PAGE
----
During my journey, I plan to bring this to the attention of any and all I can, through local, regional and national media, and by sitting down with as many elected officials as will meet with me. While my voice is powerful, our voices together are more powerful.

I want to encourage others—volunteers, caregivers, people with the disease, family members, YOU — to join me. Tell your story and reach out to your members of Congress to urge them to ensure the inclusion of $100 million in Alzheimer’s research funding in next year’s federal budget.  Sign up for a local Walk to End Alzheimer’s®. Sign up to be an Alzheimer’s advocate. Be part of the movement to end Alzheimer’s.  There is not a lot we can do for those who have passed on or who are currently fighting this disease, but we owe it to them to do everything we can to treat and ultimately end this insidious disease for future generations.

Together we can shift the course of Alzheimer’s disease.  Now is the time! Please join me!

Learn More:

About the Blog Author: Dave Stephens is the President of the Board of Directors of the Alzheimer’s Association of South Eastern Virginia. His father, Lt. Col. Carl Rabon Stephens, is living with Alzheimer’s. Dave resides in Virginia Beach with his wife, Debbie, and is the proud father of a 21 year-old daughter.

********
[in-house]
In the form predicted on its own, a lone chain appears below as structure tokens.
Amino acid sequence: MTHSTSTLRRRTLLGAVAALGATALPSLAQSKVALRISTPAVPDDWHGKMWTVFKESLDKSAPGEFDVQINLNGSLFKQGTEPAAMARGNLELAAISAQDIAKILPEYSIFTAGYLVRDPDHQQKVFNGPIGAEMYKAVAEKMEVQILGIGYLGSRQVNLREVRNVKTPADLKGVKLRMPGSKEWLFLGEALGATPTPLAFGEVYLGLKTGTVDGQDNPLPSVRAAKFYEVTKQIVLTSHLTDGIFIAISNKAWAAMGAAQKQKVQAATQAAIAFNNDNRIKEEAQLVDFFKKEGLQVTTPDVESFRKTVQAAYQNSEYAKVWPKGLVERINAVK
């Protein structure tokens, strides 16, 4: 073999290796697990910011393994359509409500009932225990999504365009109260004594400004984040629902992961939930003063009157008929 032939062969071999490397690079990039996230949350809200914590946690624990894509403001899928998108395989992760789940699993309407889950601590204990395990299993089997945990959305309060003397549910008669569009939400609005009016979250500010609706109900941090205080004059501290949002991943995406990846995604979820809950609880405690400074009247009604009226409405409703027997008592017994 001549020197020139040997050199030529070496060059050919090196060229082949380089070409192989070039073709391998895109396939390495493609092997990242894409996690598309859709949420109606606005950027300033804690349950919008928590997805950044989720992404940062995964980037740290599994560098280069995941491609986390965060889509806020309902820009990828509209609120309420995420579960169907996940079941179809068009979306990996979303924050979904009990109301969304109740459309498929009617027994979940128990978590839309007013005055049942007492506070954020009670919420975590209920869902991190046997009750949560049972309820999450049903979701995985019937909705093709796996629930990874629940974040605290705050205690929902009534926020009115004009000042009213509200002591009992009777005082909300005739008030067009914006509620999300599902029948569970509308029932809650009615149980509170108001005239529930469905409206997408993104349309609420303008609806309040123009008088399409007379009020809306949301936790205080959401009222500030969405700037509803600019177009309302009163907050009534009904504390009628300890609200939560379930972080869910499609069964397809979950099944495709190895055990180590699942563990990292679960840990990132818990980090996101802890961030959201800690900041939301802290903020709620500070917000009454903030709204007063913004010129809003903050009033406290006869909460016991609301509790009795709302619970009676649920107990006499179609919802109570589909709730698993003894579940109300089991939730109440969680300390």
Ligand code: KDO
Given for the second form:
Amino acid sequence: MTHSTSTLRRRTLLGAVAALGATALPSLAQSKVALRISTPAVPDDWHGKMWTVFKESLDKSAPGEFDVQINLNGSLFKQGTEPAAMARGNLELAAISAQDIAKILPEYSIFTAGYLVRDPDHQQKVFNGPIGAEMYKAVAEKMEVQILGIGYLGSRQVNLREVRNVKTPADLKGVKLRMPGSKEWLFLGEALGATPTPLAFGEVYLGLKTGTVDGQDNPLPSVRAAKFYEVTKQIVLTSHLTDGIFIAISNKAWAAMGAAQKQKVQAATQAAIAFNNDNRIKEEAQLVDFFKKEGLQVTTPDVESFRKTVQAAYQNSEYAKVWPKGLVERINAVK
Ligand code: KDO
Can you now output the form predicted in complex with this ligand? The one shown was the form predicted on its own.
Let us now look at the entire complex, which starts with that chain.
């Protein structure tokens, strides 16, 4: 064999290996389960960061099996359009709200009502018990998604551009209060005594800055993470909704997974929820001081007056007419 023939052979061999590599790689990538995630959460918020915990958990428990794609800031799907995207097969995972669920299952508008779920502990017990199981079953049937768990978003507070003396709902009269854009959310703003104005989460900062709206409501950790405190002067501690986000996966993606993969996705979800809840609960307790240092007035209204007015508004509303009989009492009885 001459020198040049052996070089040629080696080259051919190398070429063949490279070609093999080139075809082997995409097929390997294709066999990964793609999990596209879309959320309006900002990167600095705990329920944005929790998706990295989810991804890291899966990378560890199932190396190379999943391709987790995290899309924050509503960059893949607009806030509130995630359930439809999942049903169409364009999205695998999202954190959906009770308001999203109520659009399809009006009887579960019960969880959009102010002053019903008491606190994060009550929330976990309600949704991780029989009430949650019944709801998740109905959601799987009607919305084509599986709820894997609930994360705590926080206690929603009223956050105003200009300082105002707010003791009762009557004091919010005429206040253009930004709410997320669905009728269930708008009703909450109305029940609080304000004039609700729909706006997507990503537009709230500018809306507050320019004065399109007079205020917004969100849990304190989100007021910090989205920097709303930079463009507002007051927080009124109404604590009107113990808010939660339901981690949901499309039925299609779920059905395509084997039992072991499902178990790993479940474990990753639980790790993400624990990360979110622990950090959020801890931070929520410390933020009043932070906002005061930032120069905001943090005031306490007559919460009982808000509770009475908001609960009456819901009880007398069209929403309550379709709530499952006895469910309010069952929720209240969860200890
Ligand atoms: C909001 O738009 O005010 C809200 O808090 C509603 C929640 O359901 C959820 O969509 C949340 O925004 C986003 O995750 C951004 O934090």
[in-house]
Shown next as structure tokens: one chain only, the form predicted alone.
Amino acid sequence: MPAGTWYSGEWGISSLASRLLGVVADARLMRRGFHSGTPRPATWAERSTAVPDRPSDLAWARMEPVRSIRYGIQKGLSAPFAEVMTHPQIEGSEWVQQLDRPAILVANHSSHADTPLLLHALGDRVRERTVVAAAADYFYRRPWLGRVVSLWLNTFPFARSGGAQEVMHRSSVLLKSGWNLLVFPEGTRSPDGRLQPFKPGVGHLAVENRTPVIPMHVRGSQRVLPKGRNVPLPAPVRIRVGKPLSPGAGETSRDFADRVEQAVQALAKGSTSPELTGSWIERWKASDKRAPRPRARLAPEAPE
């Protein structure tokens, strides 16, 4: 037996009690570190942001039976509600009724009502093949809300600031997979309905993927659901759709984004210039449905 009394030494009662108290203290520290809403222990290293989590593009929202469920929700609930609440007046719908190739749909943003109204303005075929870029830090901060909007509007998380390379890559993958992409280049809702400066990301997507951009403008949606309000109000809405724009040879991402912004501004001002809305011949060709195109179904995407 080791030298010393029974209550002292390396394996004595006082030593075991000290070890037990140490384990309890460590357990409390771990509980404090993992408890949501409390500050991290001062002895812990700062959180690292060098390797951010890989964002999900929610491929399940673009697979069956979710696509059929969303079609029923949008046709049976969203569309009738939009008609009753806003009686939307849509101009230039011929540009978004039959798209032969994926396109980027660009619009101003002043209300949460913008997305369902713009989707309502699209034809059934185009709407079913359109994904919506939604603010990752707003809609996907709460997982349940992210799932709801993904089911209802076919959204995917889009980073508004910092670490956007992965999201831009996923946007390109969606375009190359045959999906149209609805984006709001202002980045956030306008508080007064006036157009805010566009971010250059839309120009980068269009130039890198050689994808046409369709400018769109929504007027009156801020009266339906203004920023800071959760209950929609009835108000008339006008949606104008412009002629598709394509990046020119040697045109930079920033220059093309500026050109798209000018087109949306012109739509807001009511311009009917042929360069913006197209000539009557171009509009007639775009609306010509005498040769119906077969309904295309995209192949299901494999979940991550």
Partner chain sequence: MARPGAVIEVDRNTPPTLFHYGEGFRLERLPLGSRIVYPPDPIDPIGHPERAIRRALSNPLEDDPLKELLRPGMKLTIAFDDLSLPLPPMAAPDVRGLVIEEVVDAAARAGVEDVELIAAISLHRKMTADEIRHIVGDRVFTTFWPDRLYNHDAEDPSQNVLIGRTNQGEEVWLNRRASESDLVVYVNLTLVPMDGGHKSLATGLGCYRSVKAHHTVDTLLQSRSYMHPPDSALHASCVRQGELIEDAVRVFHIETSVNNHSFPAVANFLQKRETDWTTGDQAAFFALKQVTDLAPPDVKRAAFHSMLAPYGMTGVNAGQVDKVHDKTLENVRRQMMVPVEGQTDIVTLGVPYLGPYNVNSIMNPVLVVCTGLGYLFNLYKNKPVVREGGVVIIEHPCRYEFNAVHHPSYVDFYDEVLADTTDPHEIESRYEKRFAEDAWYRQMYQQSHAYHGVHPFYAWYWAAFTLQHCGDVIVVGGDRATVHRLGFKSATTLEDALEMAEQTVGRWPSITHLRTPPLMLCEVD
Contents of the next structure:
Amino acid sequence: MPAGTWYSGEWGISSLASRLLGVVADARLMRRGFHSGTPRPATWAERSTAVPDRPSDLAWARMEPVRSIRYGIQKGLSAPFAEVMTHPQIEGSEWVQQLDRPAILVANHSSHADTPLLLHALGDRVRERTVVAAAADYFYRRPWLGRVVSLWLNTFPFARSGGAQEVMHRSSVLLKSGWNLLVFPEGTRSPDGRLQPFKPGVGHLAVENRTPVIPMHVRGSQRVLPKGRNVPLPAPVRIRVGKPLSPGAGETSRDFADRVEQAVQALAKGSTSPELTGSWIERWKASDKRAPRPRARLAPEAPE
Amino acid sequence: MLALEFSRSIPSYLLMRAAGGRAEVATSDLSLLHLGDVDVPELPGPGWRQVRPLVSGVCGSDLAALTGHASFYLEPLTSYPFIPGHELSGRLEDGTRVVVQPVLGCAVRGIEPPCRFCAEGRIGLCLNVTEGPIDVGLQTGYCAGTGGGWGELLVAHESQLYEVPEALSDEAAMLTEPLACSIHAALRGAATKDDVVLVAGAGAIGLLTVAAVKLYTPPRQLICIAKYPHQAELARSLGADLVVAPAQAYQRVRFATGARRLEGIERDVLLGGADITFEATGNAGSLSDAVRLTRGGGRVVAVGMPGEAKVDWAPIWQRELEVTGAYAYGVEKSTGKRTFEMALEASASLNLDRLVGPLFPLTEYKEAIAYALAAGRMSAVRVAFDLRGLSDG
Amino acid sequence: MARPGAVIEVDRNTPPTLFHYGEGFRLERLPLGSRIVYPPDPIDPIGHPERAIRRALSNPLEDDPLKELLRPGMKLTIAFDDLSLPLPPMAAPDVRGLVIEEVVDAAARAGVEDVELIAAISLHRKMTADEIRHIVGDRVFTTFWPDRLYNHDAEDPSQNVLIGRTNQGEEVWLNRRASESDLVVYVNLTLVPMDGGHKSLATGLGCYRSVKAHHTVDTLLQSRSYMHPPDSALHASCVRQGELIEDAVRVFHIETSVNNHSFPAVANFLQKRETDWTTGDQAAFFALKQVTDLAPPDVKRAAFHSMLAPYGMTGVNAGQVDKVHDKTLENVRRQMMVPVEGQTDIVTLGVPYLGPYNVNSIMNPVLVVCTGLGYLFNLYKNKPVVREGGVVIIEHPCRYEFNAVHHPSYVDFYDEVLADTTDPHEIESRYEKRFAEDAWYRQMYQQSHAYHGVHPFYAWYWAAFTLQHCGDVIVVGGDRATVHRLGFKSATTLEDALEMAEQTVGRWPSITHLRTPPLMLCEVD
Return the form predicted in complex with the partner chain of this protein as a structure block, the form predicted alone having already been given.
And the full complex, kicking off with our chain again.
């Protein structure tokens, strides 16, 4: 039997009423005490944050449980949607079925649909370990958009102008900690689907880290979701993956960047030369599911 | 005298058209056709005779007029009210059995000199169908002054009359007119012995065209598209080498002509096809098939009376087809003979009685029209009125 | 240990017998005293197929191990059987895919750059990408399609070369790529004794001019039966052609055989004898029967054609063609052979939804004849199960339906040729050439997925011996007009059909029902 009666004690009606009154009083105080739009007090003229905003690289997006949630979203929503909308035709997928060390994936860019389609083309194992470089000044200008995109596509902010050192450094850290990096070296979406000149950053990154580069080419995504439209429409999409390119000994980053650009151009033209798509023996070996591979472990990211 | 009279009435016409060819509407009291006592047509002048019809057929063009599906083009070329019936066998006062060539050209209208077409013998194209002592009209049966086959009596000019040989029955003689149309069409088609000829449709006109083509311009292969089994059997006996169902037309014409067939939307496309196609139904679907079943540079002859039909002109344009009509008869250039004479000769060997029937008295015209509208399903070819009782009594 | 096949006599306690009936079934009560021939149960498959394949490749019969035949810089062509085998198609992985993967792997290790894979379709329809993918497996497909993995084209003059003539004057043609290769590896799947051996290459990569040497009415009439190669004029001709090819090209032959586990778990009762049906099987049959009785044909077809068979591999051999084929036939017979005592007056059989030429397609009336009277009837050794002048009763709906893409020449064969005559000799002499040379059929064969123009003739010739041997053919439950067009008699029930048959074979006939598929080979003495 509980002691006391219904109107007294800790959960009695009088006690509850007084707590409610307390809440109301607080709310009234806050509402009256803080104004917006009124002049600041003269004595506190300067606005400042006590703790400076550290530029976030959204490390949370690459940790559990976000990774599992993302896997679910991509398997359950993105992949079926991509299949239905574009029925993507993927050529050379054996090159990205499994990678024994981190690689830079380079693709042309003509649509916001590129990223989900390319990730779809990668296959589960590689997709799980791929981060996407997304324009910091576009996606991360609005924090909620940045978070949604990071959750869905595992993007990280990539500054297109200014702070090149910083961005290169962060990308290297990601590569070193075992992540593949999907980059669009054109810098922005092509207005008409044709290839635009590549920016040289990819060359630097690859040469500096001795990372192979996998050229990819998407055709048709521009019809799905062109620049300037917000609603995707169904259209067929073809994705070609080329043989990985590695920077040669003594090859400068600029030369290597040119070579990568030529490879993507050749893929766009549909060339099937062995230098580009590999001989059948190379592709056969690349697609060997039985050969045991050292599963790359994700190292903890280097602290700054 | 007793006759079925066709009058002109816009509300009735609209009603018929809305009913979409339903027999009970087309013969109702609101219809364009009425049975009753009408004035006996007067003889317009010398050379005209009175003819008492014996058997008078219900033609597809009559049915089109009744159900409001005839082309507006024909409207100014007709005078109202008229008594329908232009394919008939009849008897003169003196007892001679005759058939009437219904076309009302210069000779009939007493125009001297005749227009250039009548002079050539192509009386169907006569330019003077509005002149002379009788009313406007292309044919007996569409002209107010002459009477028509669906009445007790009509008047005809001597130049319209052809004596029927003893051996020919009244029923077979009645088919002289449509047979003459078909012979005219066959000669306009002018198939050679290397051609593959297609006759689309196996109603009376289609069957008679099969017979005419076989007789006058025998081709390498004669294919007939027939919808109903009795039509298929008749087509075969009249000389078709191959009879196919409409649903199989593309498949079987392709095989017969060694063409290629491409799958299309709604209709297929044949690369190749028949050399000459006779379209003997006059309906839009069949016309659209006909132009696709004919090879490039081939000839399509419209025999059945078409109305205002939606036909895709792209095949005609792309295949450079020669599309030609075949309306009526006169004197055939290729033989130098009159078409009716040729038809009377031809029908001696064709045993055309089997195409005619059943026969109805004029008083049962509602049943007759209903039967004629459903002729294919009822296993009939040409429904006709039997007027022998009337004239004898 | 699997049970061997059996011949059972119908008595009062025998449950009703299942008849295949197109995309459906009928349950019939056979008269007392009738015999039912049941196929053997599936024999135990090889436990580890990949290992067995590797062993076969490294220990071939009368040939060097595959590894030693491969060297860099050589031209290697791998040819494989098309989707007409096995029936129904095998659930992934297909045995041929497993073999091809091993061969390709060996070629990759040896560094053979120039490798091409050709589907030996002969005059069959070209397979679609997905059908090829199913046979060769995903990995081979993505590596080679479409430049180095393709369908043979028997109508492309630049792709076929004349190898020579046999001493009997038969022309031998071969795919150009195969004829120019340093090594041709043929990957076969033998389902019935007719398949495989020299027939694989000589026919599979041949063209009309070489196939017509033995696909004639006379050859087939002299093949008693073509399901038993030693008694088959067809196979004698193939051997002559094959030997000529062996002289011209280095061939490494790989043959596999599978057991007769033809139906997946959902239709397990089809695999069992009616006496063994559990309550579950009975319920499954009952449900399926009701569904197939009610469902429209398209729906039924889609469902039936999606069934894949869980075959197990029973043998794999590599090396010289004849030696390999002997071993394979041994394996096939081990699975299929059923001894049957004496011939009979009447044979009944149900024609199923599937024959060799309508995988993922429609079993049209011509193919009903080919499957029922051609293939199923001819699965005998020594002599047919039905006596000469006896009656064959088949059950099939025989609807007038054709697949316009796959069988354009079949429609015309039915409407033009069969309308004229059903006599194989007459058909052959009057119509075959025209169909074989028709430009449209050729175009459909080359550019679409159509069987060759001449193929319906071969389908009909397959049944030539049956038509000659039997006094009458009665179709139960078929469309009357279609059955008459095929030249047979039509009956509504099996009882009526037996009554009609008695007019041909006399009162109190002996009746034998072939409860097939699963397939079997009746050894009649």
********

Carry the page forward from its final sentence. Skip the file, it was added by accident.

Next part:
Sep 182012
 

To support causes near to her heart, jewelry designer Holly Freeman started a line of limited edition pieces with friend and actress Jamie-Lynn Sigler.  In honor of World Alzheimer’s Month, the two philanthropists designed a purple bracelet. Proceeds go to the Alzheimer’s Association. 

Alzheimer’s has touched so many.  I know firsthand.

 My grandfather was an incredibly talented artist. His works spanned from beautiful flowers and landscapes, to drawings of my favorite cartoon characters he made just for me and my friends. His mind was as precise and colorful as the paintings and drawings he created.

 But Alzheimer’s changed that. The details and precision that had always been a hallmark of his art started to shift. There were inaccuracies—the first sign to me that his health, and more specifically his mind, were declining.